The alliterative phrase prunes and prism, also prunes and prisms, designates a prim or affected facial expression or manner of speaking; also, in extended use, affected mannerisms, superficial accomplishments.
This phrase occurs, for example, in the review of A Christmas Carol, produced at Little Missenden by the Miscasts Dramatic Society—review by Bob Jolowicz, published in the Amersham and Chesham Advertiser (Amersham, Buckinghamshire, England) of Wednesday 2nd February 1994:
Each of the five cast members played many parts, like the main one, Diane Healy, who carried the role of Mrs Reece, the Guild’s President presumably, in charge of proceedings. Her appearance was more than fortuitously lookalike for Margaret Thatcher, complete with handbag. Her prunes and prisms accent was beautifully created as was her utterly insincere tinkle of laughter when things went wrong.
This phrase originated in Little Dorrit (London: Bradbury & Evans, 1857), by the English novelist Charles Dickens (1812-1870). In this novel, prunes and prism is a phrase spoken aloud in order to form the lips into an attractive shape [cf. note]—it first occurs in Chapter V, titled Something Wrong Somewhere:
“Amy,” said Mr. Dorrit, “you have just now been the subject of some conversation between myself and Mrs. General. We agree that you scarcely seem at home here. Ha—how is this?”
“I think, father, I require a little time.”
“Papa is a preferable mode of address,” observed Mrs. General. “Father is rather vulgar, my dear. The word Papa, besides, gives a pretty form to the lips. Papa, potatoes, poultry, prunes, and prism, are all very good words for the lips: especially prunes and prism. You will find it serviceable, in the formation of a demeanor, if you sometimes say to yourself in company—on entering a room, for instance—Papa, potatoes, poultry, prunes and prism, prunes and prism.”
Note: Charles Dickens elaborated on the phrase to say prunes, which means to speak the plural noun prunes aloud in order to form the lips into an attractive shape, and is particularly associated with portrait photography.
The phrase prunes and prism often reoccurs in Little Dorrit. In particular, Chapter VII is titled Mostly, Prunes and Prism, and contains the following passage:
The wholesale amount of Prunes and Prism which Mrs. General infused into the family life […] left but a very small residue of any natural deposit at the bottom of the mixture. […] Prunes and Prism, in a thousand combinations, ha[d] been wearily in the ascendant all day—everything having been surface and varnish, and show without substance.
The phrase prunes and prism is occasionally used attributively in Little Dorrit—the following, for example, is from Chapter XV, titled No Just Cause or Impediment why these Two Persons should not be joined together:
Mrs. General changed her gloves, as to the right glove being uppermost and the left undermost, with a Prunes and Prism smile.
After quoting the passage from Chapter V of Little Dorrit in which prunes and prism first occurs, the anonymous author of Remonstrance with Dickens, published in Blackwood’s Edinburgh Magazine (Edinburgh: William Blackwood & Sons) of April 1857, criticised Dickens’s repeated use of prunes and prism in this novel, but predicted that it would nevertheless become a household phrase:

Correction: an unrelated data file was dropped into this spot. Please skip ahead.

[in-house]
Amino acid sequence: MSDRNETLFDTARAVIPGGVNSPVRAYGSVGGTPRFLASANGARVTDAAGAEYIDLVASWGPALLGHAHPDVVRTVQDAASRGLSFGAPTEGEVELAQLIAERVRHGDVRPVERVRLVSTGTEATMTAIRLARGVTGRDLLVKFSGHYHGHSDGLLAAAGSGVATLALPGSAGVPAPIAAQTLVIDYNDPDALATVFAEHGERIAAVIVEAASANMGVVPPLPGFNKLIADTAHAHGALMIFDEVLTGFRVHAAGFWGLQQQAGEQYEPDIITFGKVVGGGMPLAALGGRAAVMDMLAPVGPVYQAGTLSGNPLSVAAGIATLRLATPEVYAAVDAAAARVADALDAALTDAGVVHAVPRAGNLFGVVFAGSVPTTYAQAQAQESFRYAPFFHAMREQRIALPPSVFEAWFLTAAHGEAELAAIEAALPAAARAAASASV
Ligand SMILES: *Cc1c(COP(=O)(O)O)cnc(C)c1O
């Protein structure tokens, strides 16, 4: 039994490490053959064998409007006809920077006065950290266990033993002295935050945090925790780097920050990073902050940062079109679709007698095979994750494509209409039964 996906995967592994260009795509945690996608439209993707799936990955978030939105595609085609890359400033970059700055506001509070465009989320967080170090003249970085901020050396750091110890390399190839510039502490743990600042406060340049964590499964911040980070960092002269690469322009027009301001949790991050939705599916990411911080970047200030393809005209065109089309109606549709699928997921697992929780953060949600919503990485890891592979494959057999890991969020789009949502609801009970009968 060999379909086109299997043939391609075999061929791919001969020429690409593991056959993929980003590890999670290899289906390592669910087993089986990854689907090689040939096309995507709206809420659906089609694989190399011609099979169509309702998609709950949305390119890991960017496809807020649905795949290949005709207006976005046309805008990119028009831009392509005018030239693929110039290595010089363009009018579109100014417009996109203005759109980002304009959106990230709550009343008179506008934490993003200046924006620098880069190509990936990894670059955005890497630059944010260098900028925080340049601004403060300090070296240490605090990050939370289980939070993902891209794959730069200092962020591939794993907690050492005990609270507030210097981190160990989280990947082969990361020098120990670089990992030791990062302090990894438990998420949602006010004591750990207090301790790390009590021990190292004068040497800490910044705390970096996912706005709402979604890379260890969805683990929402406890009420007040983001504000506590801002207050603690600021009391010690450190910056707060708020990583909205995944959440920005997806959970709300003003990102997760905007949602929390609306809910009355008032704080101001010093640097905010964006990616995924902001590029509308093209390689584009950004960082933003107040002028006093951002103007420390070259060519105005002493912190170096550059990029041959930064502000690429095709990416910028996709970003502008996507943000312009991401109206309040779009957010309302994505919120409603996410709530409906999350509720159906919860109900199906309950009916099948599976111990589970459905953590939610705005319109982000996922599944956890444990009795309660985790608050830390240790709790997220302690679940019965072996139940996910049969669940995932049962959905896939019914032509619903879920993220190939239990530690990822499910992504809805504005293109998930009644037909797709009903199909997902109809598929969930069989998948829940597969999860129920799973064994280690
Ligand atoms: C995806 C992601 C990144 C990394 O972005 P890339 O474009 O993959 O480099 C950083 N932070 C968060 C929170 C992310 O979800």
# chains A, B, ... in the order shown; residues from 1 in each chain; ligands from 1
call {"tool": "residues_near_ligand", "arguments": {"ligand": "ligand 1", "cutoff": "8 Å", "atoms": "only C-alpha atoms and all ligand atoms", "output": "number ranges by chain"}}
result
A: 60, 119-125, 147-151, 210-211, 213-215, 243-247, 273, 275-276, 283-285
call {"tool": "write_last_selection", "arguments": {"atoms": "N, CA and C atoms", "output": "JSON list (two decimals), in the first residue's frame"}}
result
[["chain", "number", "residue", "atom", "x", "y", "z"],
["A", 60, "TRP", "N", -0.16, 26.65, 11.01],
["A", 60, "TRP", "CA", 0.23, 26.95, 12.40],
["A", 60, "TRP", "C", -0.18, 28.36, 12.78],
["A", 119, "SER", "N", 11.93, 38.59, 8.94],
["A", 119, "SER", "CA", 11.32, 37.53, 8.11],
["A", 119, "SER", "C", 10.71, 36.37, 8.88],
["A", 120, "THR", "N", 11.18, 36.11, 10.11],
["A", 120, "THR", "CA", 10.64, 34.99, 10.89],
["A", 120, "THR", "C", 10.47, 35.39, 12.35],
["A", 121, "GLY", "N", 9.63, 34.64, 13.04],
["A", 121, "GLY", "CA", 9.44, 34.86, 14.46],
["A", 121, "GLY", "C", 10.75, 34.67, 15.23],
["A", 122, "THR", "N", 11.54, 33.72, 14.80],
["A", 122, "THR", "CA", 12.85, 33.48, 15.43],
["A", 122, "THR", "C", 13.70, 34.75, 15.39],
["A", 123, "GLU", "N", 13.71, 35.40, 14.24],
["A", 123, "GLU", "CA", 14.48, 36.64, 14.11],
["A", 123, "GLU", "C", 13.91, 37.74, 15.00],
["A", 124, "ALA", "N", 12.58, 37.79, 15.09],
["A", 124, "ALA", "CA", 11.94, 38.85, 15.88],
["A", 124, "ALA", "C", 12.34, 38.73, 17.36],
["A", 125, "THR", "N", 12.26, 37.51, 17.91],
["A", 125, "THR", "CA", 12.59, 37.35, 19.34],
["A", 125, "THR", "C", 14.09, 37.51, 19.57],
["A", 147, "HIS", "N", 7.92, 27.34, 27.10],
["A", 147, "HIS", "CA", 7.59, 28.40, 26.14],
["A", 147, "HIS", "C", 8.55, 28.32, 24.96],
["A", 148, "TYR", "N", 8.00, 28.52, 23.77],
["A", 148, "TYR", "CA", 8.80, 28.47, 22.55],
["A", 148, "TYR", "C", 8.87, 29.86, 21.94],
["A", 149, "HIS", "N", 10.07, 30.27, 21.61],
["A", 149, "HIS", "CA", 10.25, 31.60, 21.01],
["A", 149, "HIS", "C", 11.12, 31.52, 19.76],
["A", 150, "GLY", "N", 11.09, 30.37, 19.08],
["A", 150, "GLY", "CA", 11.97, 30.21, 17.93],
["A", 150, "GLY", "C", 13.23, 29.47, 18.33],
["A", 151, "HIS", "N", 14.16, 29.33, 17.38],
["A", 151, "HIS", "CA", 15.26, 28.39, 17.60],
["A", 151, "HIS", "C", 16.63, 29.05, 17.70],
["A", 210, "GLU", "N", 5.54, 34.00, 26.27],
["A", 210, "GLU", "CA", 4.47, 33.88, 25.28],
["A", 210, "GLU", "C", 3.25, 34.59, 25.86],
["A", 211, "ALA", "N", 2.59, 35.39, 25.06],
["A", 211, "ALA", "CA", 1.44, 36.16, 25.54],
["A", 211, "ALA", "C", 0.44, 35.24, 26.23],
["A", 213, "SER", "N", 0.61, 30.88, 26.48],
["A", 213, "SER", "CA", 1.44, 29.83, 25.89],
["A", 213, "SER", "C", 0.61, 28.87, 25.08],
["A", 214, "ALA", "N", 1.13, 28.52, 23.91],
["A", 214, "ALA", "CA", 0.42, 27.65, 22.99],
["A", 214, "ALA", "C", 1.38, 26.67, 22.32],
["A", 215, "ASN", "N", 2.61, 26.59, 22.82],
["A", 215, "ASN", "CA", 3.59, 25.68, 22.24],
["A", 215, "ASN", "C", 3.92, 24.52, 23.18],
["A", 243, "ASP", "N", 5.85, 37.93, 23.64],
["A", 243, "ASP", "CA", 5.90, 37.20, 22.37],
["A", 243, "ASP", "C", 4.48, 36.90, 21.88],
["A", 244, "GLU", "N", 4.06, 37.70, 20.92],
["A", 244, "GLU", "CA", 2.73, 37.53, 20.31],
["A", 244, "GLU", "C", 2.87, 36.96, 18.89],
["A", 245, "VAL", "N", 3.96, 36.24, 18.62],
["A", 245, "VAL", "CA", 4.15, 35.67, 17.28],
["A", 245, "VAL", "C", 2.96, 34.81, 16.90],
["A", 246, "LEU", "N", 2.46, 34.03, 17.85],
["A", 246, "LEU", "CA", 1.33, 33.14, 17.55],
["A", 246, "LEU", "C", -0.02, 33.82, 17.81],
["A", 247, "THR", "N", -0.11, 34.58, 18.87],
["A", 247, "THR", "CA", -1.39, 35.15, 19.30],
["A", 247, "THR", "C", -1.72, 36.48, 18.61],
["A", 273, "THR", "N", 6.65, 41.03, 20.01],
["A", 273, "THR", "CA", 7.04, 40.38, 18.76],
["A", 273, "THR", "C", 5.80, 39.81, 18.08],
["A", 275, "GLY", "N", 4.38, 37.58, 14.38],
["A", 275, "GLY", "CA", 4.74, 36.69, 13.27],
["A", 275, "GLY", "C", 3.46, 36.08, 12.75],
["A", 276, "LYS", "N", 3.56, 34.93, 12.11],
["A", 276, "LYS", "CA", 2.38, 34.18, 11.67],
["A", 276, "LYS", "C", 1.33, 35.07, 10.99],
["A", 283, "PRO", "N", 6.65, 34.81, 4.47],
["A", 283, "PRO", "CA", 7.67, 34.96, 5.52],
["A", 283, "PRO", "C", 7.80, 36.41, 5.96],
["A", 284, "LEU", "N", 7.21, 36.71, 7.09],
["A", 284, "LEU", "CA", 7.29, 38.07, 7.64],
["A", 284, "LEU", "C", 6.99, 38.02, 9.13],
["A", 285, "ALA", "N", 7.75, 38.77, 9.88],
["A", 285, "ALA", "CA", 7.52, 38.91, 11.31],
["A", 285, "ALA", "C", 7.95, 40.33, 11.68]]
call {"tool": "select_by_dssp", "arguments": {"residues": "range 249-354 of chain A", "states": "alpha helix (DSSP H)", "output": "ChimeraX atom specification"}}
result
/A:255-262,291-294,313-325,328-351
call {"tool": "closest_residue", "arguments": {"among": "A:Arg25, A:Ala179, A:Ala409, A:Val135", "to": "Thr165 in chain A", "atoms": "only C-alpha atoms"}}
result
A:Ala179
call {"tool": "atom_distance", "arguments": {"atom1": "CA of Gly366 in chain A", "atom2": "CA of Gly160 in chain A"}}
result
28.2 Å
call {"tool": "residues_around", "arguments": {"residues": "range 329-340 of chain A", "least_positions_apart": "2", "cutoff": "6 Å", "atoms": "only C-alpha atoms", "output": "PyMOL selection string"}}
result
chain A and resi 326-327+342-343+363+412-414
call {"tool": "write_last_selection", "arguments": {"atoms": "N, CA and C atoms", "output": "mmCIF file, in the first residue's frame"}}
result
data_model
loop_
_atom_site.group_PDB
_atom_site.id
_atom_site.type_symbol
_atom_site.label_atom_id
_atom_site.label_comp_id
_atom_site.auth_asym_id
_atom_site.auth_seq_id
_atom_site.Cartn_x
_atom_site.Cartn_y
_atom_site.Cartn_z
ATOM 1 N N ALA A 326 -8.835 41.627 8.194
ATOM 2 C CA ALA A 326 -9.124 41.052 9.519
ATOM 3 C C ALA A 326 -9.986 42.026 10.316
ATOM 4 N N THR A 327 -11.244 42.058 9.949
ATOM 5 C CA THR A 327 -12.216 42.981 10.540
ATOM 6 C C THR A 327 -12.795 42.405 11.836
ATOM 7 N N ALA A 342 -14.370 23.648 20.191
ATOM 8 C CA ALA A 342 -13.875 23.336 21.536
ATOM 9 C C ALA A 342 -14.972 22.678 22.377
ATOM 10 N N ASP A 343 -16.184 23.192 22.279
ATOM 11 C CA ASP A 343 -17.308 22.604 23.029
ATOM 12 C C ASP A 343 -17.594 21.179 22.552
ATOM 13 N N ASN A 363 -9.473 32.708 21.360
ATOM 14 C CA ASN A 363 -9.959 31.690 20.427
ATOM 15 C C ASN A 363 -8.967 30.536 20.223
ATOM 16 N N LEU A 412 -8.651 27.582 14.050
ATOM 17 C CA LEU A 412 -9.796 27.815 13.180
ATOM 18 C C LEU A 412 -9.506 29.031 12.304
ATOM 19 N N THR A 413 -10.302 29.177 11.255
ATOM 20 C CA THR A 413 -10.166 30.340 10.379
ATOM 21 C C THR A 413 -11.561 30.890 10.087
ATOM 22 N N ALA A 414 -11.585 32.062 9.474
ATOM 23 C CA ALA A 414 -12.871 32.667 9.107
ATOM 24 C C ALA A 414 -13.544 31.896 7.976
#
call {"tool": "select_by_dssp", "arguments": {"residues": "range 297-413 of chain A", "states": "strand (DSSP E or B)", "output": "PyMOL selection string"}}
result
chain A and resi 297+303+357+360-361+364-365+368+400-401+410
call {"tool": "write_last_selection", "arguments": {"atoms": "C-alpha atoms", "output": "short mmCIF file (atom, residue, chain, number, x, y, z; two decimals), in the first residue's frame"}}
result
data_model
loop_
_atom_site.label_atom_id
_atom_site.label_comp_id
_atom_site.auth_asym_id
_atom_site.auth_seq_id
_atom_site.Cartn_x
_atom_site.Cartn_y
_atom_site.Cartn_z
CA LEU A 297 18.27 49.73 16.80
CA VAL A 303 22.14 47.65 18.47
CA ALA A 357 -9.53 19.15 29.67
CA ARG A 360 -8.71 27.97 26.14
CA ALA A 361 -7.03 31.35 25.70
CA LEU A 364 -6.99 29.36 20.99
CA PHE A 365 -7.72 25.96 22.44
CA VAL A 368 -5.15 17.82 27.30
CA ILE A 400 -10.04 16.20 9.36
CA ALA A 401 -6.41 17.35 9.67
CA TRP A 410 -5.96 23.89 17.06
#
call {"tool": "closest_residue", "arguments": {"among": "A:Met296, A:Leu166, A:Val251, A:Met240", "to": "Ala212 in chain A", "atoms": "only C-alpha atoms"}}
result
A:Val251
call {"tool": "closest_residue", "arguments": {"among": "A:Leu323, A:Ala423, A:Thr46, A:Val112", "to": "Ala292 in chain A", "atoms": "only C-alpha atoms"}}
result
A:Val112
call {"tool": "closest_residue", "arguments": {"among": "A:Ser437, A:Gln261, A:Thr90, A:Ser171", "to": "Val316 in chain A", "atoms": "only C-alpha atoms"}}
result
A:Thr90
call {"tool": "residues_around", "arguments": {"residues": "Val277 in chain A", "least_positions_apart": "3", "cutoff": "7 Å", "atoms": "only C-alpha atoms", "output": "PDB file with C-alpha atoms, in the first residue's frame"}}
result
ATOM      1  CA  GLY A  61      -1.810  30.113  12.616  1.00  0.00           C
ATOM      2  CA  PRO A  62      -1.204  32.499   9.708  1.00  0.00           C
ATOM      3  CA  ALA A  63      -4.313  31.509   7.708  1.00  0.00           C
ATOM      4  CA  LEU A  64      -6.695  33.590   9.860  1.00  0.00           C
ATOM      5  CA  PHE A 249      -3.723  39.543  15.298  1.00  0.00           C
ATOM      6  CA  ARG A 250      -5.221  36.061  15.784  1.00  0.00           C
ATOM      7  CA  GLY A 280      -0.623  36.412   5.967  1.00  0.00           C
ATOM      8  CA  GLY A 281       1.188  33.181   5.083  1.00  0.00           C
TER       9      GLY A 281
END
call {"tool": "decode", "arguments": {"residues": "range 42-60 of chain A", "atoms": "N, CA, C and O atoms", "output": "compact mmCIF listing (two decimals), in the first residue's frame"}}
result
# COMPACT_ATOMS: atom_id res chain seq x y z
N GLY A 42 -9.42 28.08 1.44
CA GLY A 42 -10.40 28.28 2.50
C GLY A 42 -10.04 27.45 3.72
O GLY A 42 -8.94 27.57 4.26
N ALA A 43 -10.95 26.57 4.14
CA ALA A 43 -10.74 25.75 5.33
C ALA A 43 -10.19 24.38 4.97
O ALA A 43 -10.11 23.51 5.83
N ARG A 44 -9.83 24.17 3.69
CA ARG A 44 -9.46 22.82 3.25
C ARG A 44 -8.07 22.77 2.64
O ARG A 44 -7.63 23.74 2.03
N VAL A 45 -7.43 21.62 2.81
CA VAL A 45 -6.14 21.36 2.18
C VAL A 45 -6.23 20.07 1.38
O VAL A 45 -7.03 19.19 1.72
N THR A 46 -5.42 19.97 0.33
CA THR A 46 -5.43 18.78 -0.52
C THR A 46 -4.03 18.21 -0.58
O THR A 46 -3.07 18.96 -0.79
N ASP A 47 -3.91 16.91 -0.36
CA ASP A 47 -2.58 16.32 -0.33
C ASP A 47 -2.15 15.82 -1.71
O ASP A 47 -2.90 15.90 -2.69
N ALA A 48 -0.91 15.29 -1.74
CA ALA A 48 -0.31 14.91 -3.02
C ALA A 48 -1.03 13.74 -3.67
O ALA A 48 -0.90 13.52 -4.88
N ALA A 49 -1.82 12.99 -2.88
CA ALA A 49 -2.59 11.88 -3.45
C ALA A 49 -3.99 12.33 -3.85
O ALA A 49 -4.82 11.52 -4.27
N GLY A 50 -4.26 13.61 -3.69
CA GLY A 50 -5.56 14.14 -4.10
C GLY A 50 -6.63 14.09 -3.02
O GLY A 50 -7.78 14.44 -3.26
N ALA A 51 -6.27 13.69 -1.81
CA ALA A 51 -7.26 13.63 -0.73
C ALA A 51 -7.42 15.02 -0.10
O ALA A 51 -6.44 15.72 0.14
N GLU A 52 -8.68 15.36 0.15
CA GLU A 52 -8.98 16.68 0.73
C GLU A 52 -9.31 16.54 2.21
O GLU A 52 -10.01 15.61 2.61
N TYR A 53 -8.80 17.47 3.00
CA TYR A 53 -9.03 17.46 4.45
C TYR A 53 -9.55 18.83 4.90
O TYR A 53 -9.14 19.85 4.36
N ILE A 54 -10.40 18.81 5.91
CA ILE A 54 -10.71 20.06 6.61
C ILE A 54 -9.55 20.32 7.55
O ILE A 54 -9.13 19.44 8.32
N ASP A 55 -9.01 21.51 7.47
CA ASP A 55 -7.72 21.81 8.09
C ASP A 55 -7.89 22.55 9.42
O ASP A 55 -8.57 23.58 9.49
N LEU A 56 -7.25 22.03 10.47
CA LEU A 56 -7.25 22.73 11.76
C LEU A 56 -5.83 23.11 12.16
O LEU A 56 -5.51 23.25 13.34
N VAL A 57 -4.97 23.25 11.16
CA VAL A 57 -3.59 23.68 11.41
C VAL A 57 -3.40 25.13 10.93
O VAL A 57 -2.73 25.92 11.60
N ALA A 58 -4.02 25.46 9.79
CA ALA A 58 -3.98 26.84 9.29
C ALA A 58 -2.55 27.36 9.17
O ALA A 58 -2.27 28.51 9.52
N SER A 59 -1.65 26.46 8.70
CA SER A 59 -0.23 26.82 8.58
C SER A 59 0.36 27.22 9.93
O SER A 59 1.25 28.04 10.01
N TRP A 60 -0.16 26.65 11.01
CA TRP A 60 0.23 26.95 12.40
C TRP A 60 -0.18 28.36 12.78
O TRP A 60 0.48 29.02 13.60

Will it be believed that the Dickens whom we remember of yore (eheu, quantum mutatus!), instead of being ashamed of this puerility, becomes positively enamoured of it, as an excellent joke worthy of frequent repetition? […] This gibberish goes on acquiring importance, till, in the author’s mind, it means something, though what, we don’t know. […] It is difficult to perceive by what steps a humour so true and rich as Dickens’s could descend to this, and revel in it. […]
[…] Dickens, dear Dickens, […] we know that you must of necessity be surrounded by admirers of more enthusiasm than discretion. We know that if you were unhappily afflicted with a brain-fever, and your delirious utterances were taken down in shorthand, and published as a serial, plenty of foolish readers would be found to admire, plenty of foolish critics to applaud. This is only to say that you are a great writer with a vast reputation, and therefore whenever you hold up your finger the multitude will shout. Cry but “Mum,” and thousands of voices will respond with “Budget.” We don’t doubt that your foolish joke about prunes and prism will be bandied from thousands of silly mouths as a household word.
The earliest occurrences of the phrase prunes and prism, also prunes and prisms, that I have found are as follows, in chronological order:
1-: From the review of Captivity of Two Russian Princesses in the Caucasus: Including a Seven Months’ Residence in Shamil’s Seraglio. Communicated by themselves, and translated from the original Russian by H. Sutherland Edwards (London: Smith, Elder, and Co., 1857)—review published in The Examiner (London, England) of Saturday 5th December 1857 (Verderevsky was the author of the original account in Russian):
At once we see that M. Verderevsky seizes upon the disconsolate French governess as a comic element in his story, and accordingly we find her carried through the book in a tone of polite satire as a sort of Mrs General in difficulties, wasting prunes and prisms on the wild men of the hills.
2-: From the review of The World and the Stage, a comedy produced at the Haymarket Theatre, London, published in The Era (London, England) of Sunday 13th March 1859:
Mr. W. Farren, the acknowledged representative of the fashionable fraternity endowed with elastic ethics, was gay and animated; Mr. Compton admirable in the imitative Buzzard; Mr. Rogers portly and pompous as the prejudiced Sir Norman Castlecrag; and Mrs. Poynter a perfect model of propriety of the “prunes and prism” school.
3-: From the review of Measure for Measure (London: Hurst and Blackett, Publishers, 1862), a novel by Mrs. A. B. Church—review published in The Morning Post (London, England) of Wednesday 3rd September 1862: